Begin by attaching your ground clamp to a metal surface. If you’re working in a shop, most people attach the clamp to their welding table. If you’re in the field or you don’t have anything metal to connect to, connect it to the piece you’re welding.


Open up the cylinder by loosening the gas regulator’s nut and turning the gas valve, which is usually located at the top. Once the PSI gauge reaches 1,000 PSI or greater, you’re ready to weld. Tighten the regulator’s adjusting screw until it’s at the proper PSI for the material you’re MIG welding.


There are several variables you can control that will affect the MIG weld, and these settings must be adjusted according to the material you’re welding, your wire thickness and the gas composition. Most welders use a chart that lists the ideal settings for each scenario. Adjust the settings according to the piece you’re welding.

Next, fire up the welder by plugging it into the welding power supply. Adjust the voltage and wire speed according to the recommended settings — too high, and you could destroy your workpiece; too low, and the weld’s strength and form will be compromised. Smooth, even, consistent, unhindered welds are a sign that your settings are correct — and you’re heading toward perfect MIG welds.


Assuming your protective equipment is on, you’re ready to start. There are two main MIG welding techniques you can use:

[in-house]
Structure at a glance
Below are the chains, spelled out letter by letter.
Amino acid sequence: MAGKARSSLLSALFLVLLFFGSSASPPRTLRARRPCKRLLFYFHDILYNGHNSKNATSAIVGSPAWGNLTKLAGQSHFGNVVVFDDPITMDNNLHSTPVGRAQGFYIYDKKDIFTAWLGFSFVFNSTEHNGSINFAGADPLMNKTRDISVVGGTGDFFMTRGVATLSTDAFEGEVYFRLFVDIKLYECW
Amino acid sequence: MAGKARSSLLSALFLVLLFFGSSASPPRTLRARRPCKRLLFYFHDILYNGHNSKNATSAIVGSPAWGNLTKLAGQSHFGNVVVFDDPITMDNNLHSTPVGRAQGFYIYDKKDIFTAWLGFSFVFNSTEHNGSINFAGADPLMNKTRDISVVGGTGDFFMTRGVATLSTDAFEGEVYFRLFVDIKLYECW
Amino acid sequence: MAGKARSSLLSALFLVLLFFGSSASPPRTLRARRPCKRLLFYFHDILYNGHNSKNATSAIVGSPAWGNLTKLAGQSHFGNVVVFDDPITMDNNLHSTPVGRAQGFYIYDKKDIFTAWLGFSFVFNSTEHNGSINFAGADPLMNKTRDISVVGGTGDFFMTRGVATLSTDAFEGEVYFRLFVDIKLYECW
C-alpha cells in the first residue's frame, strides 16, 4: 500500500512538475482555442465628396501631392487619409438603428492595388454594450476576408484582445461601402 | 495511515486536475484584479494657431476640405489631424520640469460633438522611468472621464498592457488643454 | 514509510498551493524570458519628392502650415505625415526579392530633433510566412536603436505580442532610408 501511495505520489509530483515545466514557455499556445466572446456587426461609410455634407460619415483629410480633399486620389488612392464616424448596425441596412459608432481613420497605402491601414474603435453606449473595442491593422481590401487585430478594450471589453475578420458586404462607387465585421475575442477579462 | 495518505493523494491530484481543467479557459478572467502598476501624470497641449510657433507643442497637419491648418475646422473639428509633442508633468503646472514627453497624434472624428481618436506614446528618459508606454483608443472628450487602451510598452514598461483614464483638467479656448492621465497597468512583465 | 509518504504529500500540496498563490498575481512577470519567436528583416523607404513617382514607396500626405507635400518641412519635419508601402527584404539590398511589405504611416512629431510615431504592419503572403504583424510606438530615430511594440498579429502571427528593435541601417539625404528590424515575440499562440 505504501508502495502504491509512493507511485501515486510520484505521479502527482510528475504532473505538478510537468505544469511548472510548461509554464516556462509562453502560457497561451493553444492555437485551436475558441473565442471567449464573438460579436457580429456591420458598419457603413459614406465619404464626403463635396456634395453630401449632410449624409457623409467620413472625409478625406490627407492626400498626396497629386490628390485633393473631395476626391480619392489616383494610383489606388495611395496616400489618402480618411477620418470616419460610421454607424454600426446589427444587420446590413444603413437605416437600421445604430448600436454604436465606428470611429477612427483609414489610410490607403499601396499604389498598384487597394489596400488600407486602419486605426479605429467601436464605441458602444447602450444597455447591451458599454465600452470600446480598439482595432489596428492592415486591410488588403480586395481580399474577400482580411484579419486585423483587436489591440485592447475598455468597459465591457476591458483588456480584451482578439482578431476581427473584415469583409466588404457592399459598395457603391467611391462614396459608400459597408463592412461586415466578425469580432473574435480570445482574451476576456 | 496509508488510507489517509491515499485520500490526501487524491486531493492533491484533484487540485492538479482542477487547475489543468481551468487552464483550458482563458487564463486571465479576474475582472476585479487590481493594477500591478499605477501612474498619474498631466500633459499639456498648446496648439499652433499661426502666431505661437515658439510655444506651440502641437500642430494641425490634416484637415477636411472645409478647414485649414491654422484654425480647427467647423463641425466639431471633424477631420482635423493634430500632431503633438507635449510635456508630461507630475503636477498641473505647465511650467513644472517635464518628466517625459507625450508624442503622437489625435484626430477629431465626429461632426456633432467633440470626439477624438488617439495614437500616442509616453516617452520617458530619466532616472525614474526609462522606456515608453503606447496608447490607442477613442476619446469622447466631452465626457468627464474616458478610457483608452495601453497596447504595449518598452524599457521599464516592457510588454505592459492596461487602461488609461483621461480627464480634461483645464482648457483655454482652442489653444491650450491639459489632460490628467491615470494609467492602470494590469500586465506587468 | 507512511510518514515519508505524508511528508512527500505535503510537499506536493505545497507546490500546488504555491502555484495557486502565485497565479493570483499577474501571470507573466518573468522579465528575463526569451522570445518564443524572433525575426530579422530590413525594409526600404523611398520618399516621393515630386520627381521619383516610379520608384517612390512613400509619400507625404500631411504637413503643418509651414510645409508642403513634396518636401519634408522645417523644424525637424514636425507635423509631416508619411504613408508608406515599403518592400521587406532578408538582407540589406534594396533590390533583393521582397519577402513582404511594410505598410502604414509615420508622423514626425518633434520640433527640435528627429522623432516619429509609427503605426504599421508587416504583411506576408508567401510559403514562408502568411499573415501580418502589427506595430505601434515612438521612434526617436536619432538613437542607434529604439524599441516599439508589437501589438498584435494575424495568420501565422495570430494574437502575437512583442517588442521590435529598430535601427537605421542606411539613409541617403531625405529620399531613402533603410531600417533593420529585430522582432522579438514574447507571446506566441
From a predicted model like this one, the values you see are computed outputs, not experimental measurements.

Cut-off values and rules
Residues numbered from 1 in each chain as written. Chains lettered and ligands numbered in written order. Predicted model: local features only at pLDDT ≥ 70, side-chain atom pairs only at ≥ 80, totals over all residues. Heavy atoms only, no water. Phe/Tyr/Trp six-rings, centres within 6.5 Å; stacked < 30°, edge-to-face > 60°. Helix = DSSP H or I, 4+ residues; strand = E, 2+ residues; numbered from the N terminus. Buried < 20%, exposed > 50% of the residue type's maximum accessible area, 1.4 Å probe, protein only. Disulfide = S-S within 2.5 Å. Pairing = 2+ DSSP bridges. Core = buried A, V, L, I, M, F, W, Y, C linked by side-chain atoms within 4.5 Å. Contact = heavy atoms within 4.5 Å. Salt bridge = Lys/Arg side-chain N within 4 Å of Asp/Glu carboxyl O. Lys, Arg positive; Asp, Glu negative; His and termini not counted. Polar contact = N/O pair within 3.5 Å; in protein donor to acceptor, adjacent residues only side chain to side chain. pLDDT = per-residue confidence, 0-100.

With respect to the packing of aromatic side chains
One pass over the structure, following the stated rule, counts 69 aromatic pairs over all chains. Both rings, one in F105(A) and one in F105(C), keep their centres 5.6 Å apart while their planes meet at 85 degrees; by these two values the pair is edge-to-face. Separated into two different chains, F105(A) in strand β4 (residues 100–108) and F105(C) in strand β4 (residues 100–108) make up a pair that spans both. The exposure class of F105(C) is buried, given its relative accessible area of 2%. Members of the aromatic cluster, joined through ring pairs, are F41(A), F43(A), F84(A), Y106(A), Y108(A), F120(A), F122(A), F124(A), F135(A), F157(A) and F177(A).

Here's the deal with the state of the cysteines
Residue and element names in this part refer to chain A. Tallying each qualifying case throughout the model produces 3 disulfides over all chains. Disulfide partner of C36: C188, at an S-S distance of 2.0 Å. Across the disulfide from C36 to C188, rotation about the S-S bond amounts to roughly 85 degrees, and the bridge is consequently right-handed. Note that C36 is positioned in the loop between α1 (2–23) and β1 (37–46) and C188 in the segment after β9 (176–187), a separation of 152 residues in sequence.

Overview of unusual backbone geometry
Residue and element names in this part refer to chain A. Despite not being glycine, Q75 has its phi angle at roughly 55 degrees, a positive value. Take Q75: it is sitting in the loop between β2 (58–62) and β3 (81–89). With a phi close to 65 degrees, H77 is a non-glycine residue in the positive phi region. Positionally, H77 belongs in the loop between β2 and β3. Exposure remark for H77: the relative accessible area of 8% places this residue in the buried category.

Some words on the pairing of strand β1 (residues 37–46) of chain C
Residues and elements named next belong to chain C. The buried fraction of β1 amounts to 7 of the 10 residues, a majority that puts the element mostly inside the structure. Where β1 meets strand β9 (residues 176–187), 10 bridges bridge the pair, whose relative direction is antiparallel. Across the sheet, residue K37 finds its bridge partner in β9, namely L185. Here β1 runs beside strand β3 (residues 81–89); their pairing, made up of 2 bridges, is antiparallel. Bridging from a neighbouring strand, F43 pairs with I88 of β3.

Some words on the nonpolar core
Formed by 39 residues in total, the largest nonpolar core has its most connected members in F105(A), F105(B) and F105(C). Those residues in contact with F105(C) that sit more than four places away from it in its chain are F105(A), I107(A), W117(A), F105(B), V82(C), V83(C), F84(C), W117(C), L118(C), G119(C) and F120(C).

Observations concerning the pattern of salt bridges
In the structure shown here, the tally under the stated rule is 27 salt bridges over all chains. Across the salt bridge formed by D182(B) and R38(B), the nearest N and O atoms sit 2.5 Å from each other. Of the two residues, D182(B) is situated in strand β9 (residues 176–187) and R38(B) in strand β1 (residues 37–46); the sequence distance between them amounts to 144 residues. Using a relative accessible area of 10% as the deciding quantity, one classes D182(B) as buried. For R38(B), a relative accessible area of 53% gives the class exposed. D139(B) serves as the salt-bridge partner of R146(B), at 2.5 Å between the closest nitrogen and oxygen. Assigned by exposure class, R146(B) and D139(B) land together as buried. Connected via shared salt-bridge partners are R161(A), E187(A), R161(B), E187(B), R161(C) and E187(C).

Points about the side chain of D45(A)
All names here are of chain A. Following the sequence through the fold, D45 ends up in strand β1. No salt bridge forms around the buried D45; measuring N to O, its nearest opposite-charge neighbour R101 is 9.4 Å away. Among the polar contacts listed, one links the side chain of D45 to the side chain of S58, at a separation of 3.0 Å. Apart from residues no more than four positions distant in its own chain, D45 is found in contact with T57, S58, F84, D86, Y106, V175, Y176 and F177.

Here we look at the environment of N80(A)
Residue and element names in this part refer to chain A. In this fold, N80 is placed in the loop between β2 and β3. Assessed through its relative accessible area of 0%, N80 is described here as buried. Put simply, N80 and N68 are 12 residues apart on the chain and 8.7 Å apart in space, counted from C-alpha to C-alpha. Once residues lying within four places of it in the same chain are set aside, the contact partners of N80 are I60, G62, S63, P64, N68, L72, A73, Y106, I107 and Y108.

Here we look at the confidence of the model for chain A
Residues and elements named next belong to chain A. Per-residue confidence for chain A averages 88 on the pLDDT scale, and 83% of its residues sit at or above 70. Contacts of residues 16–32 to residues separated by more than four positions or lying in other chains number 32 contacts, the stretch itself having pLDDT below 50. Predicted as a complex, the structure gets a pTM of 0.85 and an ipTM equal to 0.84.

• Pushing – When you push to weld, the results will be shallow penetration but a wide bead profile.
  • Pulling – A pull technique, on the other hand, tends to be narrow in width but deep penetration.

Overall, you want to maneuver your torch from top-down, laying the beads in a back-and-forth or circular pattern at one to two inches long, moving pretty quickly.


Keep your gloves on while finishing up everything. Lower your wire feed as low as possible. Shut the valve on the gas cylinder until it’s completely tight. Squeeze the trigger on the MIG welding gun to “bleed the regulator,” meaning the cubic feet per hour gauge will go as low as possible. Then, you can shut everything off — the welder itself and the power supply. The ground clamp and wires can be removed, too.

When Should You MIG Weld?

MIG welding is the ideal type of welding for bonding steel, stainless steel and aluminum. It’s a wise choice for thin materials up to ⅜” thickness. With thicker materials or other types of metal, you may be better suited with a STICK or TIG welder.

MIG Welding Tips for Perfect MIG welds

The MIG welding tips below are all great ways to improve your MIG welding techniques and make you a better welder.

  • Don’t use a failing ground clamp — replacements may be necessary.
  • Keep dust, dirt and grease out of your workspace.
  • Have welding consumables on hand so you’re never in a bind without essential components.
  • Gently preheat your workpiece with a blow torch to improve the quality of your welds.
  • Feel free to practice on scrap metal.
  • To get perfect MIG welds, let your metal completely cool before you touch it.